Why have you chosen a career in development, constituent relations, communications, advancement, or non-profit leadership? Why are you here? What is your purpose? Heavy questions, I know. But do you wrestle with these questions every once in a while? If not, you should.
This past Friday at lunch, I wrestled with these questions. I was with a client when the horrible news flashed on my phone. Newtown, CT. I froze reading the headlines.
Some of you know me off line. You know that have an 8 year old daughter and a 6 year old, first-grade son. Like every other parent hearing this horrible news, tears gathered in my eyes and my stomach turned. At that moment, I simply wanted to head home and hug them. It was one of those times when you ask yourself difficult questions about life and your place in it. Am I doing what I was put on this earth to do? What really matters in life? What is my purpose?
My wife and I regularly talk about my consulting and speaking schedule. It’s no secret I’m away from home a good bit and we are diligent in taking the pulse of the kids (and of each other). Our life works for our family, but it’s something we work at and pay close attention to. On Friday, I was reminded again about my purpose – why I consult.
You see, I believe that focusing on something or someone other than ourselves makes us more healthy – physically, spiritually, and mentally. I believe that when we give of our time, talent, and treasure, we actually receive the gift. I believe that giving creates stronger, more caring individuals and communities. And I believe that it is only when we are generous that we are able to live out the best possible versions of ourselves. Our highest angels.
And science, increasingly, is supporting my beliefs. Every day, it seems, new data suggests the many ways humans are wired to live inter-dependent lives. We are designed to touch each other. To care for each other. To support and nourish each other. To love each other. To be philanthropists – “lovers of man (and woman).” And not over a computer connection either. Real life. Physical touch. Being with each other. Being “in vivo” as social scientists like to say.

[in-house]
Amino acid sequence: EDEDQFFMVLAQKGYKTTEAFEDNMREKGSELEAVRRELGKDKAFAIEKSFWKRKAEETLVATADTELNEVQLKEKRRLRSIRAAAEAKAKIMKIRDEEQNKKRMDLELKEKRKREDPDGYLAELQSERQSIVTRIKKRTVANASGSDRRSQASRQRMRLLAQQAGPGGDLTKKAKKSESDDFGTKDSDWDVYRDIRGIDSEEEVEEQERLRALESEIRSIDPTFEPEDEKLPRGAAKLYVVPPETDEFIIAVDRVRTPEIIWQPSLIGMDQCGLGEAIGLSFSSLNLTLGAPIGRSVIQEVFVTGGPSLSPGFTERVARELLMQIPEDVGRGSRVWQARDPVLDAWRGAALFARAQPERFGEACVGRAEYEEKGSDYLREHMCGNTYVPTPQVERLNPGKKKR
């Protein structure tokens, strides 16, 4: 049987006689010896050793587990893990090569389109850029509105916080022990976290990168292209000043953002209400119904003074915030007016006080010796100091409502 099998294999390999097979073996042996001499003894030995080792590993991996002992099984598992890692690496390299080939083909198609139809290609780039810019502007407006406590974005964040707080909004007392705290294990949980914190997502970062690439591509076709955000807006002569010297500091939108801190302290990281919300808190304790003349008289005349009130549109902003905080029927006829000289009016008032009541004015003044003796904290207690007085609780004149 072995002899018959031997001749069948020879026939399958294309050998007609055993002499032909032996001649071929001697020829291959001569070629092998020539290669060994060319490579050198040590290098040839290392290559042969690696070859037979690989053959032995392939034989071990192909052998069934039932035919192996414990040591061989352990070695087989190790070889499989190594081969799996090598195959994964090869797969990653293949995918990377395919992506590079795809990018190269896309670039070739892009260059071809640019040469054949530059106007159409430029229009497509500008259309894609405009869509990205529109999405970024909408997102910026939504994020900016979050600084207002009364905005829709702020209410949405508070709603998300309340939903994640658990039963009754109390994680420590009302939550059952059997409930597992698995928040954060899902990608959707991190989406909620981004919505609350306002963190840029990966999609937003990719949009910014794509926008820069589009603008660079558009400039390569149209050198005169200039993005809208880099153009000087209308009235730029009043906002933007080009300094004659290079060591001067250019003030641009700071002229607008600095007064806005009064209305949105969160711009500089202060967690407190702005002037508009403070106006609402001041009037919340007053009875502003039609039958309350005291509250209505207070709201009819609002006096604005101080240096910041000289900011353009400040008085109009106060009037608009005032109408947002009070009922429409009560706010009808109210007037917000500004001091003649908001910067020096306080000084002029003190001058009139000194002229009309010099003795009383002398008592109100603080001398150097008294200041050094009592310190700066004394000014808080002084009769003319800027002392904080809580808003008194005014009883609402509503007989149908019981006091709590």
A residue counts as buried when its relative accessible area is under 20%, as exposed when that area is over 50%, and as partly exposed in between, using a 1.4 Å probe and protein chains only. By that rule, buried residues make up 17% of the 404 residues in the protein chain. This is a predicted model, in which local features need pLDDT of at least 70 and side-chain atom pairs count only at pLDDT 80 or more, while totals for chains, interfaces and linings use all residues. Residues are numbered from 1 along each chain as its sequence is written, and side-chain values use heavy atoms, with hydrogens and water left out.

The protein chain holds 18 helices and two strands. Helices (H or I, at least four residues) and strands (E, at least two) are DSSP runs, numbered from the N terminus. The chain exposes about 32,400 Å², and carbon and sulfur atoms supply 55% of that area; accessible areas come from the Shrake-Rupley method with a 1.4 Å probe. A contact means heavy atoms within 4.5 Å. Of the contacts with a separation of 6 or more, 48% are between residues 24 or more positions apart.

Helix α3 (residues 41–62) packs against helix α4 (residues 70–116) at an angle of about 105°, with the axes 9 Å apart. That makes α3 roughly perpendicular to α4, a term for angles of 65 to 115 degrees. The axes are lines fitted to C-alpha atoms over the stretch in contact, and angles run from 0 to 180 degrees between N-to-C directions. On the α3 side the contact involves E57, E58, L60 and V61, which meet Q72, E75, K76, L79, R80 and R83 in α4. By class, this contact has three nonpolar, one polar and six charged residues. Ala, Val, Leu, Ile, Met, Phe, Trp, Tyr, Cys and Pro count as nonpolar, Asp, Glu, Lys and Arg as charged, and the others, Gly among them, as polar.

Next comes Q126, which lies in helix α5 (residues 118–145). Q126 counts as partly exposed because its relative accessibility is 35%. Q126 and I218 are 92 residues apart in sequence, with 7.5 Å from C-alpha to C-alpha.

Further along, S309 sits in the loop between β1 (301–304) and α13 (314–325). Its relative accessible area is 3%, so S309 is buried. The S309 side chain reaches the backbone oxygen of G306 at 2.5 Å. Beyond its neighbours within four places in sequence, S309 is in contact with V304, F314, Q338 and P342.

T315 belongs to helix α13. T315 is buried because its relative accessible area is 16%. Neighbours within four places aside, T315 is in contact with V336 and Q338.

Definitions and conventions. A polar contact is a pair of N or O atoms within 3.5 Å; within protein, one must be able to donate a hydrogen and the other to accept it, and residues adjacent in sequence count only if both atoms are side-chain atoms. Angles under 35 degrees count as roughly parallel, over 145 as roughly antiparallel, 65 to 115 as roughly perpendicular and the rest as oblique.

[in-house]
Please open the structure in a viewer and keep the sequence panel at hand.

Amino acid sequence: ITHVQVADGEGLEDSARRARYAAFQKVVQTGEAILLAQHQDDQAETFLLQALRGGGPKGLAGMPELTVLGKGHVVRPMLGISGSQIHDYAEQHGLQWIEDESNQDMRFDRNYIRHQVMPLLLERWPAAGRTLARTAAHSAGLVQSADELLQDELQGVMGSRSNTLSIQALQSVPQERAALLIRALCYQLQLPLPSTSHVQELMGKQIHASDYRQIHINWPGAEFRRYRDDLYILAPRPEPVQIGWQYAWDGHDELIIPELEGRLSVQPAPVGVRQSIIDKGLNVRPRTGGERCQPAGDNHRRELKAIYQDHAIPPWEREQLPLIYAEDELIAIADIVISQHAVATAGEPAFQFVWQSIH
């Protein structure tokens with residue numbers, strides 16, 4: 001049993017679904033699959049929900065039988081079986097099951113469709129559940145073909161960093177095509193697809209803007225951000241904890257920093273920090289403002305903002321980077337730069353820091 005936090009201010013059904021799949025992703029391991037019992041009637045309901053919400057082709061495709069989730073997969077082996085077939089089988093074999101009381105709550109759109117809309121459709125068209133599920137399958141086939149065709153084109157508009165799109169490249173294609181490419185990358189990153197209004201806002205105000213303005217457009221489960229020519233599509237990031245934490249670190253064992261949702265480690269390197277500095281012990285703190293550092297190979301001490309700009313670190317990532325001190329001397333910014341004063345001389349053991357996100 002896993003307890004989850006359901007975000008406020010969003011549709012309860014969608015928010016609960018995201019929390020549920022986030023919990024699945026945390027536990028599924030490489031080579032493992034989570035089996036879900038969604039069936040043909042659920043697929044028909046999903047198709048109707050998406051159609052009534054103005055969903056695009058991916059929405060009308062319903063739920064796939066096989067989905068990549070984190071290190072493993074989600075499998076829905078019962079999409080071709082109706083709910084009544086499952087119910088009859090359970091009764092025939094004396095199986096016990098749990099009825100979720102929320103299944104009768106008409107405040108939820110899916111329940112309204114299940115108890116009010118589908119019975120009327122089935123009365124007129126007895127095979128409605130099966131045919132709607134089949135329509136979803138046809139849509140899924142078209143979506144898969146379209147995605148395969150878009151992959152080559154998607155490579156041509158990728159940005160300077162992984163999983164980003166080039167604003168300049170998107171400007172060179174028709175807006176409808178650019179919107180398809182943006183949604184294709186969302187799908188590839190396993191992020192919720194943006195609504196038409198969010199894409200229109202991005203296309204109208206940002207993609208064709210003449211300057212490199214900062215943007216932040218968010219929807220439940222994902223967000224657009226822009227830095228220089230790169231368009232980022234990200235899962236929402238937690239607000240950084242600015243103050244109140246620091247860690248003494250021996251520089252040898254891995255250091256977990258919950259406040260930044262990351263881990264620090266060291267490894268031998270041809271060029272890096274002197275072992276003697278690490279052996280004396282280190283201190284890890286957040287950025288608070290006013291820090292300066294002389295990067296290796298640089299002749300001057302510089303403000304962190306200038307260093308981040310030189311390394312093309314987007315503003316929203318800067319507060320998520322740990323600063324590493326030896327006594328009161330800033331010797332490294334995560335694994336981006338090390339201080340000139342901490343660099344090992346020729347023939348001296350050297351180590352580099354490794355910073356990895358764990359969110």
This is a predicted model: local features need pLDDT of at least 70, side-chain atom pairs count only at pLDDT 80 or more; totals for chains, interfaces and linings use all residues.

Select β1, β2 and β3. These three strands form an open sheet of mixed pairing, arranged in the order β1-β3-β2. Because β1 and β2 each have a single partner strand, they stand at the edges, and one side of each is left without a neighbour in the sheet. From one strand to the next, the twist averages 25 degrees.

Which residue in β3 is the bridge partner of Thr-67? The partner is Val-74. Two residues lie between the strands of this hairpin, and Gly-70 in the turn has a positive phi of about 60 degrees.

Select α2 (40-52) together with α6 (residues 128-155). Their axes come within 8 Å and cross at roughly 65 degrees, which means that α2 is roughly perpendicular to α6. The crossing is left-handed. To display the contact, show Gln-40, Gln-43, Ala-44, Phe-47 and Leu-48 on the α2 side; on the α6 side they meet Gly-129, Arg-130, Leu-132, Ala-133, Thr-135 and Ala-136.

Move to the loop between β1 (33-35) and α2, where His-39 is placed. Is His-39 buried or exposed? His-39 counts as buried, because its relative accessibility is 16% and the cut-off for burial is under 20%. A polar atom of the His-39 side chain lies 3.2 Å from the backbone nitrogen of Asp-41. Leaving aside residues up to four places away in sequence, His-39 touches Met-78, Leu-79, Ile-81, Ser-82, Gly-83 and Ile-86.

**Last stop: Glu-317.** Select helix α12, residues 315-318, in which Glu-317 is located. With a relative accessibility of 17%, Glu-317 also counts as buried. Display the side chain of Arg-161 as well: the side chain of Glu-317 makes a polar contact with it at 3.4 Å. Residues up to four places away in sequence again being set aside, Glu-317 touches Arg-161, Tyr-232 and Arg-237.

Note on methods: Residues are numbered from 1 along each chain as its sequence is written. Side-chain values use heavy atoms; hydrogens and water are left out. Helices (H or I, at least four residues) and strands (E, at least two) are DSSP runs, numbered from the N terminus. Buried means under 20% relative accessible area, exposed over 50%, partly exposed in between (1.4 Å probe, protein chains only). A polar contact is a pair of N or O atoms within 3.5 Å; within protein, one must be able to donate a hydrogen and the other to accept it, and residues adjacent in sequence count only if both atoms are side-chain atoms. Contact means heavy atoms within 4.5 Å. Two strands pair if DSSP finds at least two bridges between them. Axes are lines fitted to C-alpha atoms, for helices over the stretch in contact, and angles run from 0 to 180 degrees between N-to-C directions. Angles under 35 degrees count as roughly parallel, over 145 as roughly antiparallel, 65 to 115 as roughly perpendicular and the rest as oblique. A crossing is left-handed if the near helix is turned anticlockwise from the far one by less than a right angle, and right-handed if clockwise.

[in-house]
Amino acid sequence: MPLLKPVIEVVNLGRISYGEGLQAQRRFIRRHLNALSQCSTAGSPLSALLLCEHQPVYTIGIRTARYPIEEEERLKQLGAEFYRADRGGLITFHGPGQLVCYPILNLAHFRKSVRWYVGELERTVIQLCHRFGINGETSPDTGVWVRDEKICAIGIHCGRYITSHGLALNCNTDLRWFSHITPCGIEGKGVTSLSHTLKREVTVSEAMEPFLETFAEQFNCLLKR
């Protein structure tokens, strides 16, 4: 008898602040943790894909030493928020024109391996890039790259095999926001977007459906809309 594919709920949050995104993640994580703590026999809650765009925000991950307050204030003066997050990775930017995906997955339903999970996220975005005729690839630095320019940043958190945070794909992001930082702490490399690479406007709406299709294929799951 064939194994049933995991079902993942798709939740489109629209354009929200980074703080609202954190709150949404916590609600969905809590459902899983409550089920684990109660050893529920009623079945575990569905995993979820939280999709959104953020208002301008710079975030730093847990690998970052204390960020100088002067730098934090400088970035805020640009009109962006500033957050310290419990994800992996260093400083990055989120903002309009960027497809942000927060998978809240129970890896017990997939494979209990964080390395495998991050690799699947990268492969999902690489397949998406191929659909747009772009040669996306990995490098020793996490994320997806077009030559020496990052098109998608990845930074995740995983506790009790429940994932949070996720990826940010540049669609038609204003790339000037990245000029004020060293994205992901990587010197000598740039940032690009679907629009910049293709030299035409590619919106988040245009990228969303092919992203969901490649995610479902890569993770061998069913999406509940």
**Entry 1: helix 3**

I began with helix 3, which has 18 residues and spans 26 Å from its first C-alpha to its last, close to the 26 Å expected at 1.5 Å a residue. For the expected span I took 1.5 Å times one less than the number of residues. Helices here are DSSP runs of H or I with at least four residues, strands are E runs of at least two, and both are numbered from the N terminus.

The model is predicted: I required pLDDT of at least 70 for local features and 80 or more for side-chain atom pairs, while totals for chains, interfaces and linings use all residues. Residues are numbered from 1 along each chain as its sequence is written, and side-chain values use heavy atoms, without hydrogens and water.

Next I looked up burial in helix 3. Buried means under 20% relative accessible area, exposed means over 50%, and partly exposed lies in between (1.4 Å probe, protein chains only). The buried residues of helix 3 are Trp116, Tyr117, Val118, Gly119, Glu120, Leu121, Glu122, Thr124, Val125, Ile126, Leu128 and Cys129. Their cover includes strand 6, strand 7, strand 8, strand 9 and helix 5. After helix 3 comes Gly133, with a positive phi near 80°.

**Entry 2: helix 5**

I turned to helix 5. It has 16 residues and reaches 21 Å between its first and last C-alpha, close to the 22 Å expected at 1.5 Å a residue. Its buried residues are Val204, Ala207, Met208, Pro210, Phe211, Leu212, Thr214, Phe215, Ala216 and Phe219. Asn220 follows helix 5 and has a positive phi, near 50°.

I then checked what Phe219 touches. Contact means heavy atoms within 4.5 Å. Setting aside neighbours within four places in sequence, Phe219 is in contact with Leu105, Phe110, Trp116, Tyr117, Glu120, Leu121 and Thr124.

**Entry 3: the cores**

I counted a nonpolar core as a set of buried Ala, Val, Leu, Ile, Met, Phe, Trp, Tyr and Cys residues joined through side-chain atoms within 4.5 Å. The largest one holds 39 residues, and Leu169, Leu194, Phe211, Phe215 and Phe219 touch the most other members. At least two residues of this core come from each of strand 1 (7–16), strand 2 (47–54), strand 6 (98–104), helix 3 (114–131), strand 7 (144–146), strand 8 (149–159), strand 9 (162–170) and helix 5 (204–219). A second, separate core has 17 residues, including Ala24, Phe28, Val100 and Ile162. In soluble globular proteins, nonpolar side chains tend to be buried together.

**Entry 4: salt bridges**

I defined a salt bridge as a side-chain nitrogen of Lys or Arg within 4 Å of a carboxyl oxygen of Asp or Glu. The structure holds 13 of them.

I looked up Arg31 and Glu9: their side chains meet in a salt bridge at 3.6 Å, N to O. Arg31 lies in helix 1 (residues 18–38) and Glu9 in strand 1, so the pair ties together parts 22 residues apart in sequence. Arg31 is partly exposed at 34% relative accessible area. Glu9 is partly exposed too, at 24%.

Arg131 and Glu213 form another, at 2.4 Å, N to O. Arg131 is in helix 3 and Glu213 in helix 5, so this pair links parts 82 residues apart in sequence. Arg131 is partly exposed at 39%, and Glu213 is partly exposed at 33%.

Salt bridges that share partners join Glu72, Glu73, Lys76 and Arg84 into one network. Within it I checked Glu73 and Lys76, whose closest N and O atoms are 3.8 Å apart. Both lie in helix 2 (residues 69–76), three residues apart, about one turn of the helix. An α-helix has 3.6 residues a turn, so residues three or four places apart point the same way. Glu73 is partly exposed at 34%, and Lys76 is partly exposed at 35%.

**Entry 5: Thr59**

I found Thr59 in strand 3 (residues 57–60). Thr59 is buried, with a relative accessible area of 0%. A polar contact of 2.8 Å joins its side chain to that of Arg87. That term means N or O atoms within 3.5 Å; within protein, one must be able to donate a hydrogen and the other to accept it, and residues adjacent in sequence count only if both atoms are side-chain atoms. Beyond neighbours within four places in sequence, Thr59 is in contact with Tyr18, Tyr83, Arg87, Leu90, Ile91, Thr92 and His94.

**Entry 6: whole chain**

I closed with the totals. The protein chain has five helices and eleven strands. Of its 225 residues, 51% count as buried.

My calling – my purpose, as I understand it – is to encourage generosity in all its forms and in as many places as I can. I coach, mentor, and help institutional leaders create the most encouraging environments for donors to care, to engage, and to give. To give a lot. And to give often. Because giving is good. In fact, giving is one of the best things we can do for ourselves. And my purpose is to help people – regardless of life circumstance – give more. Giving makes us better. There, truly, is no downside to being generous in spirit nor in deed.
On Friday, I told my wife that I bet we would learn that the shooter’s profile would be the polar opposite of a giver. That he would be characterized as socially awkward and disconnected from physical human relationships. That he would have displayed angry, self-centered behaviors. That he may have been a part of online communities (because of the human drive to connect), but that he would not be a meaningful member of any physical community. That he would be disengaged from life.
The more we can encourage supportive, engaged relationships, the better off we all are. The more generosity is practiced, the less room for inhumanity.
That’s why I’m a fundraising consultant – not to raise money but to make our world healthier. That’s my purpose. What’s yours?